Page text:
FORMER Sun and News of the World editor Rebekah Brooks is expected to lift the lid on her close relationship with the Prime Minister in evidence to the Leveson Inquiry today.
David Cameron is said to have texted Mrs Brooks, telling her to "keep her head up" after she resigned from News International last July.
It has also been claimed that the 43-year-old former editor sent Mr Cameron more than 12 text messages a day.
After her editorships Mrs Brooks went on to become chief executive of Rupert Murdoch's UK newspapers division News International in September 2009 until she resigned in the wake of the hacking scandal last July.
She and racehorse trainer husband Charlie are key members of the influential Chipping Norton set, which also includes Mr Cameron and his wife Samantha, Top Gear presenter Jeremy Clarkson, and Mr Murdoch's daughter Elisabeth and her PR guru husband Matthew Freud.
The inquiry has already heard that Mrs Brooks regularly met Mr Cameron and other top politicians along with Rupert and James Murdoch.
She hosted a Christmas dinner on December 23 2010, just two days after Business Secretary Vince Cable was stripped of his responsibility for media takeovers for saying he had "declared war" on the Murdochs' News Corporation empire.
Mrs Brooks's wedding on June 13 2009 was attended by Mr Cameron and former prime minister Gordon Brown, and in March Mr Cameron was forced to admit that he rode a retired police horse loaned to Mrs Brooks by Scotland Yard from 2008 to 2010.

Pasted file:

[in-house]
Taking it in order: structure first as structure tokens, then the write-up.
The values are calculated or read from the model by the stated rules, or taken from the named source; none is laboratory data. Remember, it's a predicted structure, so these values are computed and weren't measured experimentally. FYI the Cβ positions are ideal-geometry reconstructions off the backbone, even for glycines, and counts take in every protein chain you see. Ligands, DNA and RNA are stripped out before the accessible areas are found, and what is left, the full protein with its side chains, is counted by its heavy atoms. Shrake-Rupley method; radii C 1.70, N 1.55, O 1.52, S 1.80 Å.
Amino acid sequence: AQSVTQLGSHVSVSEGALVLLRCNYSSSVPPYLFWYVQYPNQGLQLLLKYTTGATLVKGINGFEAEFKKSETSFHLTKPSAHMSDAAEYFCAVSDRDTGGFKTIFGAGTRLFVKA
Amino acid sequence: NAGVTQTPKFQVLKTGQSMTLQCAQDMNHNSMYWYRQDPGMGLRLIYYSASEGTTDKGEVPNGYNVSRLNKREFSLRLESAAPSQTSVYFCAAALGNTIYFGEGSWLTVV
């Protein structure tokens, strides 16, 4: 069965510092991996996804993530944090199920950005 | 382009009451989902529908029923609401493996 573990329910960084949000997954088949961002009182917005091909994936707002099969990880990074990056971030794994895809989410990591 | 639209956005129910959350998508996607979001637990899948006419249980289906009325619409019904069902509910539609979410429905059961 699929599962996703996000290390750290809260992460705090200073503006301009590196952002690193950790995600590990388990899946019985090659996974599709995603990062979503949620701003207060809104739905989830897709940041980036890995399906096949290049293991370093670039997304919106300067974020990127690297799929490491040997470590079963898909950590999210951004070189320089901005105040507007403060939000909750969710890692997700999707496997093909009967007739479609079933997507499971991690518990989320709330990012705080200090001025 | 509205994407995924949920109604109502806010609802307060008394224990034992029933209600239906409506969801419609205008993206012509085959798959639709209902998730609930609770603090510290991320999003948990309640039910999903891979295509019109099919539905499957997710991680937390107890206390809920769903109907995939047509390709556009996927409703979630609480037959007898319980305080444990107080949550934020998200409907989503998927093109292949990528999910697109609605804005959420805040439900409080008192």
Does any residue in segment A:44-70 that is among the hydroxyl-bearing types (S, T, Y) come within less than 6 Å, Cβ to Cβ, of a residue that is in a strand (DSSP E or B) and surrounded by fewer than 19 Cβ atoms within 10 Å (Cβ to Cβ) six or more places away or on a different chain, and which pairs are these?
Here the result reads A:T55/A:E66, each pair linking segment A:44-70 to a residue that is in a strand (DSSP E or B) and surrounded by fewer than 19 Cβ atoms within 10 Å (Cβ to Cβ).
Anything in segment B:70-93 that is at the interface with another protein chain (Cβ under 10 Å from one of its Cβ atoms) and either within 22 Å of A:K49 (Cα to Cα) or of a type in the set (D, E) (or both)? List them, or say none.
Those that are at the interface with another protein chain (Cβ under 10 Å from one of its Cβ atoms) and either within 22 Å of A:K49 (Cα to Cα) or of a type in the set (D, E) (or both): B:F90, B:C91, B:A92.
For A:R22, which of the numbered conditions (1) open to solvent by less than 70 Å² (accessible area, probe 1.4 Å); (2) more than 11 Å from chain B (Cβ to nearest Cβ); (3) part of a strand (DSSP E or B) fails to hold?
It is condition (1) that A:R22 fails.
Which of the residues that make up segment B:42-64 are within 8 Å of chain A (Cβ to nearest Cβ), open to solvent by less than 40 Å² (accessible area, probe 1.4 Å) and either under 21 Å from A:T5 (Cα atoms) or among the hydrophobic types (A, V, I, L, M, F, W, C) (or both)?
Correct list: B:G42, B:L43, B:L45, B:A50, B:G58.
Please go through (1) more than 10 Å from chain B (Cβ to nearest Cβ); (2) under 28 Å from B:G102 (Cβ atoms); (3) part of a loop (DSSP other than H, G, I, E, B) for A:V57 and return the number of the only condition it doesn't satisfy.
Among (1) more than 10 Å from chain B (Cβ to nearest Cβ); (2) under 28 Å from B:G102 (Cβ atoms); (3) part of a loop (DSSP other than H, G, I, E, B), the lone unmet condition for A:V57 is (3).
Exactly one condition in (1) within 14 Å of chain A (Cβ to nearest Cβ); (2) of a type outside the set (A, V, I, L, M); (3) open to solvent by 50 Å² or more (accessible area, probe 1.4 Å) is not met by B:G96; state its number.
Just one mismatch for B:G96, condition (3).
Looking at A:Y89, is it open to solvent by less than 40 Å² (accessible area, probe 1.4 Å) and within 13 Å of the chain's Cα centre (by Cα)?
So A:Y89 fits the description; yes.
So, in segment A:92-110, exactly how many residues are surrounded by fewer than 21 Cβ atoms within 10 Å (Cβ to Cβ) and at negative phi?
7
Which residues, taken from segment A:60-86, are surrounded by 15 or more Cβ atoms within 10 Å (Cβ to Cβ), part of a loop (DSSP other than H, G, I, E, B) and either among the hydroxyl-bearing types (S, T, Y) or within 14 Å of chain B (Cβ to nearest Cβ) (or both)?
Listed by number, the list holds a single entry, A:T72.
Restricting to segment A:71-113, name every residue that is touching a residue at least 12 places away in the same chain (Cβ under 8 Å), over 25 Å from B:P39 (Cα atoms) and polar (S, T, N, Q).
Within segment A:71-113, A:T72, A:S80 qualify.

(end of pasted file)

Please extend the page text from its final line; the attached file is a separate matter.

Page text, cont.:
An updated biography of Cameron: Practically A Conservative, claims he told Mrs Brooks she would get through her difficulties just days before she stood down over the phone hacking scandal.
There has speculation that the Leveson Inquiry could release emails and text messages sent between Mr Cameron and the former News International chief executive.
According to Daily Telegraph columnist Peter Oborne, Mrs Brooks has kept all the texts she received from the Prime Minister.
Mrs Brooks has twice been arrested by Scotland Yard detectives investigating allegations of phone hacking, corrupt payments to public officials, and an attempt to pervert the course of justice. She was bailed and has not been charged.
She will not be questioned about anything that could prejudice the continuing police investigation into phone hacking or any potential future trials.
Mrs Brooks' appearance could raise awkward questions for the Prime Minister as he tries to relaunch the coalition in the wake of bruising local election results last week.
Yesterday his former News of the World editor Andy Coulson was asked about how he came to be the PM's spin doctor.
Mr Cameron said last July that "with 20:20 hindsight" he would not have hired Mr Coulson in May 2007, four months after he resigned from the Sunday tabloid over the jailing of royal reporter Clive Goodman for phone hacking.
Mr Coulson, 44, became Downing Street's communications chief in May 2010 but quit eight months later, saying controversy over the hacking scandal was making his job impossible.
Speaking publicly for the first time since being arrested by Scotland Yard on suspicion of phone hacking and corruption last July, he told the inquiry there was no "grand conspiracy" between the Tories and the Murdoch empire.
Mr Coulson, who has been bailed and not charged, also admitted he had failed to declare a £40,000 shareholding in News Corporation while he was in Downing Street.
Mr Cameron set up the Leveson Inquiry last July in response to revelations that the now-defunct News of the World hacked murdered schoolgirl Milly Dowler's phone after she disappeared in 2002.
The first part of the inquiry, sitting at the Royal Courts of Justice in London, is looking at the culture, practices and ethics of the Press in general and is due to produce a report by October.